This build is the first that keeps a great value while still being viable as a gaming machine for years to come, thanks to its great performance in 1080p games.

Providing console-quality performance - If you’re spending console-money, you want console quality. While you may need to make settings adjustments here and there, we feel like this build does that pretty well, while still offering cheaper games via Steam and upgrade options to go even higher.

Keeping high-quality components - Many budget builds will use no-name PSUs and the such in order to make the price work, but we avoided this. Not only is that bad practice, but it can actually be dangerous for your system!

We chose to stick to quality parts you can trust instead of cutting corners, and we think it shows.

We’ll dive into detail on how we chose the rest of the components below. For now, rejoice: this should provide all the performance you need for a console-level gaming experience. Factor in Steam sales, and you’re getting an even cheaper gaming experience in the long run!

How We Choose the Parts

We understand the importance of keeping components in our builds up-to-date, that way you can make the most of your budget. For this reason, we’re always staying on top of the latest tech news-- like the announcement of the RTX 20 series from Nvidia, though those don’t factor into any of our builds (yet) and definitely won’t factor into a $300 build (although the indirect price drops for other GPUs that could result afterwards might).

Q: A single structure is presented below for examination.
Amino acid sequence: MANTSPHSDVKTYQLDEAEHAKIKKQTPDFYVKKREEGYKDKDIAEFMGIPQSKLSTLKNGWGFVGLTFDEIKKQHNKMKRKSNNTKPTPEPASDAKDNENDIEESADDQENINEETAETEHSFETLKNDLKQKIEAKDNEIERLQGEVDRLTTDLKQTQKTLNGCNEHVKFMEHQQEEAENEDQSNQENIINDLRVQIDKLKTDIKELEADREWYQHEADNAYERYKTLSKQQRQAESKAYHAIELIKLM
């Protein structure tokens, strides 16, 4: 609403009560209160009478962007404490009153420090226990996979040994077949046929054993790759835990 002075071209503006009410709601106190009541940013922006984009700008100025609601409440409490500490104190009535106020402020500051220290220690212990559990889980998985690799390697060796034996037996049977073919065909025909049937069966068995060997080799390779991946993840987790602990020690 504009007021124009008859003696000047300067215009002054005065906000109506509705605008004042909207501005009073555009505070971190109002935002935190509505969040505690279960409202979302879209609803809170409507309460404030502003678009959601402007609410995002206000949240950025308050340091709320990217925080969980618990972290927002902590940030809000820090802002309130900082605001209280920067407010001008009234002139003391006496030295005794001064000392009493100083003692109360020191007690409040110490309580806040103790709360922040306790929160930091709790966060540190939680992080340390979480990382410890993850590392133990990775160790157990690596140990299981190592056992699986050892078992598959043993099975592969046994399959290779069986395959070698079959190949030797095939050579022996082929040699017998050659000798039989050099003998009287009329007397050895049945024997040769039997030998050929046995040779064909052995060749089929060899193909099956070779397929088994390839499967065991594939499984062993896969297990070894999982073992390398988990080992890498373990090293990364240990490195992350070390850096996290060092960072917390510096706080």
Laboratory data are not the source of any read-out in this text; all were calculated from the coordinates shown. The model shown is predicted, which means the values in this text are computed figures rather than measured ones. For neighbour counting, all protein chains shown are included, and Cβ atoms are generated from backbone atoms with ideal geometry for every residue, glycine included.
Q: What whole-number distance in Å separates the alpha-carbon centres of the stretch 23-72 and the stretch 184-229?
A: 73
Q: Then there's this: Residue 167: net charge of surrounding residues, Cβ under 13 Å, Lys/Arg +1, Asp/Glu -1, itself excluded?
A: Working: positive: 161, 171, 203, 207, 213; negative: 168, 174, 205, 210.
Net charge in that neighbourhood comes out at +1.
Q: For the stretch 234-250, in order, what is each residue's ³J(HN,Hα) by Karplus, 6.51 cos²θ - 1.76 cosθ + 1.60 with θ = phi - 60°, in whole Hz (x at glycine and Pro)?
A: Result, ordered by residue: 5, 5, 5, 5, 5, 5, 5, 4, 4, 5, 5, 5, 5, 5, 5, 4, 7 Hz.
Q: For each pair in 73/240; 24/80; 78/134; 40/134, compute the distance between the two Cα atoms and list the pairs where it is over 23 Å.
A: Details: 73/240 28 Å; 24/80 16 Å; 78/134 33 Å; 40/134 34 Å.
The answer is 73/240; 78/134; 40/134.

We know the ins and outs of hardware performance, price, and compatibility. And we’re never afraid to do our due diligence with extra research. For instance, we check up-to-date benchmarks from multiple sources around the web to confirm the performance of different components. We also like to look at what fellow industry professionals like Tech Deals and Linus Tech Tips are saying, just to make sure we’re not missing anything.

The Best Cheap $400 Gaming PC Update:

Intel Celeron G3930 Dual-Core Processor
cpu

Intel Celeron G3930 Dual-Core Processor

A lightweight CPU, to be sure, but one that shouldn’t bottleneck this build’s gaming performance and should do just fine with other tasks.